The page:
“I was actually making the least amount they could legally pay me, but they later said ‘it balances out to $15 an hour’ after overtime because I was working 12 hour shifts,” Barbara told me.
“From what I've seen on Indeed they have it listed as $14.50 to $17.50 now, but all of us made $13.50 when I worked there, even the people who’d been there for years,” she added.
Restaurants regularly use the promise of tips to supplement their offered wages but advertise the positions paid at the top end of the supposed tips.
“The ad for my current job advertised $17 to $20 an hour,” Stephen, a central California 27-year-old, told me. Stephen asked for $17.50 an hour, based on experience. But the offer was $15 an hour—with tips, it worked out to $17.
“They're still using the tactic when there's literally no way they would pay anyone $20 an hour plus tips,” Stephen said. “When I asked for $17.50 they said if they gave me that they would have to give everyone that.”
Liz, a 19-year-old in the East Bay, told me that she was immediately suspicious when she saw a listing for servers at a local Benihana’s promising $22 an hour. Liz “assumed they averaged the amount of tips you get in a day into that price,” and she was right.
“When I went in for an interview, they said the pay was $15 an hour and tried to sell me that that was a good thing because it’s a dollar over the minimum wage here in California,” Liz said. “They also told me that all the wait staff have to split their tips each night amongst themselves and the kitchen staff equally—there is absolutely no way you’d ever make $22 an hour there.”
The practice is endemic in the industry.
“I worked for Applebees and was told that I would make $12 to $18 an hour but made only $5.50 and then received tip out which usually ended up being around $10 per day,” Heather told me.
At a Burger Lounge in the East Bay, Liz and her coworkers made $14 an hour, minimum wage, and an average of around $2 an hour more in tips. Weekends were the exception, but didn’t make up for the average, leading Liz to see the number as “deliberately misleading.”
“They made these advertisements to try to get people to apply to work there because we were very understaffed, and on the little cards, it said ‘make $18 an hour with tips!’ which is super sneaky,” Liz said.
“I quit after two weeks”
Fast food giant McDonald’s regularly misrepresents pay to prospective employees, workers told me. Lauren, a 23-year-old from Ohio, said that she answered an ad promising “up to $14 an hour” but was started at $11 an hour. The restaurant’s management promised that once Lauren met a number of prerequisites, including training requirements, she’d reach the higher wage.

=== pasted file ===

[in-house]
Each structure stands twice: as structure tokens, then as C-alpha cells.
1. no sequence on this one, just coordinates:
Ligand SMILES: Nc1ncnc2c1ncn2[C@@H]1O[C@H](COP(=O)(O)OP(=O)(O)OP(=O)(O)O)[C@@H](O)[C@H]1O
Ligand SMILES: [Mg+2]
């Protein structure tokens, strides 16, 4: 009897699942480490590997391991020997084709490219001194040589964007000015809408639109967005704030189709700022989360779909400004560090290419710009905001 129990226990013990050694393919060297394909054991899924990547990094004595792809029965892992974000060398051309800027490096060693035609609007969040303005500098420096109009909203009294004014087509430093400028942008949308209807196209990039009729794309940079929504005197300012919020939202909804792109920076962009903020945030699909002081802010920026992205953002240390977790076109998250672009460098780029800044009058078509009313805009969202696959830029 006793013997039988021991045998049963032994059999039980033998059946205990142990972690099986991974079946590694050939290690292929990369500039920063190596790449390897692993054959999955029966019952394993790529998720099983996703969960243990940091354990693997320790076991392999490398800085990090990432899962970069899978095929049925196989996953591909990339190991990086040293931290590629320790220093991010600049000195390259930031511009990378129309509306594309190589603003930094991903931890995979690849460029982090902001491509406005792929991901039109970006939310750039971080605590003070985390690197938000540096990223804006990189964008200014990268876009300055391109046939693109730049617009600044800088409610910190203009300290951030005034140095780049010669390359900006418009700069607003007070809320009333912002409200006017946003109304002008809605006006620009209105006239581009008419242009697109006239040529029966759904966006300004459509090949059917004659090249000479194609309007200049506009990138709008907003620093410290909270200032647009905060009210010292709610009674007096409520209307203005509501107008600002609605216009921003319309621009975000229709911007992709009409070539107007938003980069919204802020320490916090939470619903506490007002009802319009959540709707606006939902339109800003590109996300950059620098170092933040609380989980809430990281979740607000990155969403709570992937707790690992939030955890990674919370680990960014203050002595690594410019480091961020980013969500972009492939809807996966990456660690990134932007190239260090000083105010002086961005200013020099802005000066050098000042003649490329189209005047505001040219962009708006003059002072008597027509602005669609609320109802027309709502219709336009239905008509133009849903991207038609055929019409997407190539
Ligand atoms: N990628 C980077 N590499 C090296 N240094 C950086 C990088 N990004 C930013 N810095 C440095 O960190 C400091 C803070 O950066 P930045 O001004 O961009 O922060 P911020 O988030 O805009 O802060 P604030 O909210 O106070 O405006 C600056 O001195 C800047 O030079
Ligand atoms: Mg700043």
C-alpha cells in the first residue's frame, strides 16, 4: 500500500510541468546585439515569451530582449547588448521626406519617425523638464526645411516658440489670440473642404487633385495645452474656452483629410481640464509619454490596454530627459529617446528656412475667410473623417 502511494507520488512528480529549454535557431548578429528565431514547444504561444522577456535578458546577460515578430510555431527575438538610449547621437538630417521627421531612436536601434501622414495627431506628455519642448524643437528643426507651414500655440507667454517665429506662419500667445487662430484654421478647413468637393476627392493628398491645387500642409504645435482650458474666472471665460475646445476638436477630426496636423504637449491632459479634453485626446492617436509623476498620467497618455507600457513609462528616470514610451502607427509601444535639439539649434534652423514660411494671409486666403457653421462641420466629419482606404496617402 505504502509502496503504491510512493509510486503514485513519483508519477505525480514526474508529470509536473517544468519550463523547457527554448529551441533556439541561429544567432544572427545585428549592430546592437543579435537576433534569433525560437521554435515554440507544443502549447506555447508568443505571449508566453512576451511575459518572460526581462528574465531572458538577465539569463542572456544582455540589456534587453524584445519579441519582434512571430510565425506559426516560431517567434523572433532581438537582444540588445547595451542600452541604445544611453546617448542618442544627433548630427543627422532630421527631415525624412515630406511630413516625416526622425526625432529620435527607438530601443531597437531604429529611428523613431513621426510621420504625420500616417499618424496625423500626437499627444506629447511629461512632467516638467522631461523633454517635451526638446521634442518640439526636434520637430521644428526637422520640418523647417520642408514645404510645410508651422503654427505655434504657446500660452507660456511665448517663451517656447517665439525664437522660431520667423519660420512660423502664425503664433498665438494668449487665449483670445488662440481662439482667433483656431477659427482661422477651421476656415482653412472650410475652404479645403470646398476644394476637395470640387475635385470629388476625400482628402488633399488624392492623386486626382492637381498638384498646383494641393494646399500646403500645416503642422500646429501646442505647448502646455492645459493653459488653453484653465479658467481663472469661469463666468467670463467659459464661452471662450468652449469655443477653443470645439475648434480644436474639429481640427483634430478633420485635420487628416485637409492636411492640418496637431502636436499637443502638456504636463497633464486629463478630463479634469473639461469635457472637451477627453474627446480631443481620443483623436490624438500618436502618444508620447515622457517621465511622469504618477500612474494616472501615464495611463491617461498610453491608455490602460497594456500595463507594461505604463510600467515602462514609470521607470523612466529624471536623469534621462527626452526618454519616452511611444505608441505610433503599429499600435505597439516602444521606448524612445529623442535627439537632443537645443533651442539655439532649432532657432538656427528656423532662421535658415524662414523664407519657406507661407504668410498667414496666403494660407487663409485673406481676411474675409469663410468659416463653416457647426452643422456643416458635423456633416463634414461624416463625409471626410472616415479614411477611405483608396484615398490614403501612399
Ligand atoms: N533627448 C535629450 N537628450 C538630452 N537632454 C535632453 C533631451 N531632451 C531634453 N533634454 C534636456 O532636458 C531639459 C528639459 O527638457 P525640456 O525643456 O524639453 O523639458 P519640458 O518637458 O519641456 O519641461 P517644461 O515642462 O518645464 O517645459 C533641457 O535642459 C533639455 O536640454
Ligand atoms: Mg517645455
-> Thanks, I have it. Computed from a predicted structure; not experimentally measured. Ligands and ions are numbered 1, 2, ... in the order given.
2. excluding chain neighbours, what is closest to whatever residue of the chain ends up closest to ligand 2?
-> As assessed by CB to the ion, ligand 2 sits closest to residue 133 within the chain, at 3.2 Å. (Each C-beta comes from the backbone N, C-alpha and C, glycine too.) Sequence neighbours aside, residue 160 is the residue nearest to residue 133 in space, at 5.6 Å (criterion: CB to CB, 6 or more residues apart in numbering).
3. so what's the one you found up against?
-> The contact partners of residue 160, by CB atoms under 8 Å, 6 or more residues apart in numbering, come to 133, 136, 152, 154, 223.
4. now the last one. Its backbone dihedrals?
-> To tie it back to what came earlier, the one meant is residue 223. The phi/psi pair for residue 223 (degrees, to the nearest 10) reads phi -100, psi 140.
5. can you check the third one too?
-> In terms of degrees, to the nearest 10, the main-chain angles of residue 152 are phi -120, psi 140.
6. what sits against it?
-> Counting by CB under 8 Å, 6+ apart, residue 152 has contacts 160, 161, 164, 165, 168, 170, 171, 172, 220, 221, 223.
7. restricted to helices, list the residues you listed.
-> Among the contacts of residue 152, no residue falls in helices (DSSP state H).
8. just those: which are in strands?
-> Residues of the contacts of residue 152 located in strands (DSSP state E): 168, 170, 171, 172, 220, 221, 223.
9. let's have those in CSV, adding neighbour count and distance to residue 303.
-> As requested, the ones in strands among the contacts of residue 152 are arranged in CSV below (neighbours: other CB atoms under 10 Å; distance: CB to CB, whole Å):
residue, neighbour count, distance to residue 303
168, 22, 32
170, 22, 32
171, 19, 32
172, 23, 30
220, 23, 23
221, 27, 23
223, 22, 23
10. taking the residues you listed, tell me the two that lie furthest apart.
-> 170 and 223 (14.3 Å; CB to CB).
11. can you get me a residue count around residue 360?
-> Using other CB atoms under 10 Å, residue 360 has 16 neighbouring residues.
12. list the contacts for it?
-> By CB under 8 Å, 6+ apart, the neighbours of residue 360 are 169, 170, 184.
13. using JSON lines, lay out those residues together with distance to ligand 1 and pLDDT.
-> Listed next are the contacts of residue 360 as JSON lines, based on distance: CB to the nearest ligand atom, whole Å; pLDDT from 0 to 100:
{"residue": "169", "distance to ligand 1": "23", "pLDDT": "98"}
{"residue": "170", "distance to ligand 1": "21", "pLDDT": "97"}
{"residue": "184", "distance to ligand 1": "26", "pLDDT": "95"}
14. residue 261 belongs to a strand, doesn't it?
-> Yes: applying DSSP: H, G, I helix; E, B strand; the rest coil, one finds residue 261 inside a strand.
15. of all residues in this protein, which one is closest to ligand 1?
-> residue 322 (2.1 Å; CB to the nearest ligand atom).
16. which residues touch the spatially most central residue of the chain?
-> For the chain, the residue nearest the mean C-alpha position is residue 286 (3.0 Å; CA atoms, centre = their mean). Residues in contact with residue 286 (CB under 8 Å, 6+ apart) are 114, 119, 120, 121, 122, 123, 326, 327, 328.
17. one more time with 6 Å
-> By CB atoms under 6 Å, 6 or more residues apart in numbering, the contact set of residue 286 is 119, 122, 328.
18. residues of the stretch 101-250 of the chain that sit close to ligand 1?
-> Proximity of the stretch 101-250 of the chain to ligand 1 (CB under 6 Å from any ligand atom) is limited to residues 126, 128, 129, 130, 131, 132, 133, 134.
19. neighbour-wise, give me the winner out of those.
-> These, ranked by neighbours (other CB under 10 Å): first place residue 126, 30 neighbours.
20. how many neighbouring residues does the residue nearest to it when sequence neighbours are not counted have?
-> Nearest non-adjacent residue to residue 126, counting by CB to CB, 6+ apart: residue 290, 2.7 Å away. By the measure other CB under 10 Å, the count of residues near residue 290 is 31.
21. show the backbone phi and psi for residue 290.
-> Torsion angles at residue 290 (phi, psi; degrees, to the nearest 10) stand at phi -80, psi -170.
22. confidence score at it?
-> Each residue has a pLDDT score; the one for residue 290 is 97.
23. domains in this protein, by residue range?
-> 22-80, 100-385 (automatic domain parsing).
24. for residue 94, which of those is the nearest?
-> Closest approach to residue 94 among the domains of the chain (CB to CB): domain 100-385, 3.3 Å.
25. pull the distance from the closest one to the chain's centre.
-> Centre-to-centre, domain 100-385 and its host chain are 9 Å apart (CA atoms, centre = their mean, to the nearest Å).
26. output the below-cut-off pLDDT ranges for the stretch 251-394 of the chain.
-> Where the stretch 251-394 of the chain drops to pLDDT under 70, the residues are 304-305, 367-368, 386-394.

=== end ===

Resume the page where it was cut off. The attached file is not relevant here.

“Anytime I brought it up, they said we were too busy,” Lauren said. “I quit after two weeks, and they docked my final pay to minimum wage because I quit.”
Ryan, in Montana, was promised $16 an hour to manage a local McDonalds but the actual pay was $14.50.
“They told me I had to finish a glorified 100 page homework assignment to get the $16,” Ryan said. “They did this after I accepted the position and was already a manager.”
Chain restaurant Pokemoto is guilty of the deception as well. They advertise $15 to $20 an hour in New Haven, but only pay $12 an hour plus tips, as one worker told me.
It’s a dishonest way to frame the job offer, but one—as we’ve seen—that is hardly unusual.
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Wage Slave Week or Planet of the Clock Punchers should address these worker and job applicant complaints on their daily (even hourly) broadcast programs! Oh...you mean that for those "choosing" to tune in to and for whom every week is This Week on Wall Street or every hour of National Public Radio\PBS indoctri-NATION is Planet Money or Marketplace or Business Insider or Bloomberg Billionaire Bid-Net News or Freakanomics there is nowhere to turn on the airwaves of the Free and the Home of the Knave for a laboring human being's perspective and point of view?
Whoever heard of such a thing?!?! And Big Business and Big Labor is copacetic with this? Along with the voters of both of our Duopoly Corporate\Coporate Captured politically representative parties? Don't we know what duplicates are, or are all of U.S. dupes? Time to redraft the sanity clause in time for Christmas. By then both of the parties of our first part or all of our parties of the second part should know that ya can't fool me: There ain't no such thing as a Sanity Clause in our anti-social contract.
Health and balance
Keep on doing Eoin. We're right behind you with our D-E-M-A-N-D-S, or is that Labor's D-E-P-E-N-D-S...
Mitch Ritter\Paradigm Shifters, Code Sifters, PsalmSong Chasers
Lay-Low Studios, Ore-Wa (Refuge of Atonement Seekers)
Media Discussion List\Looksee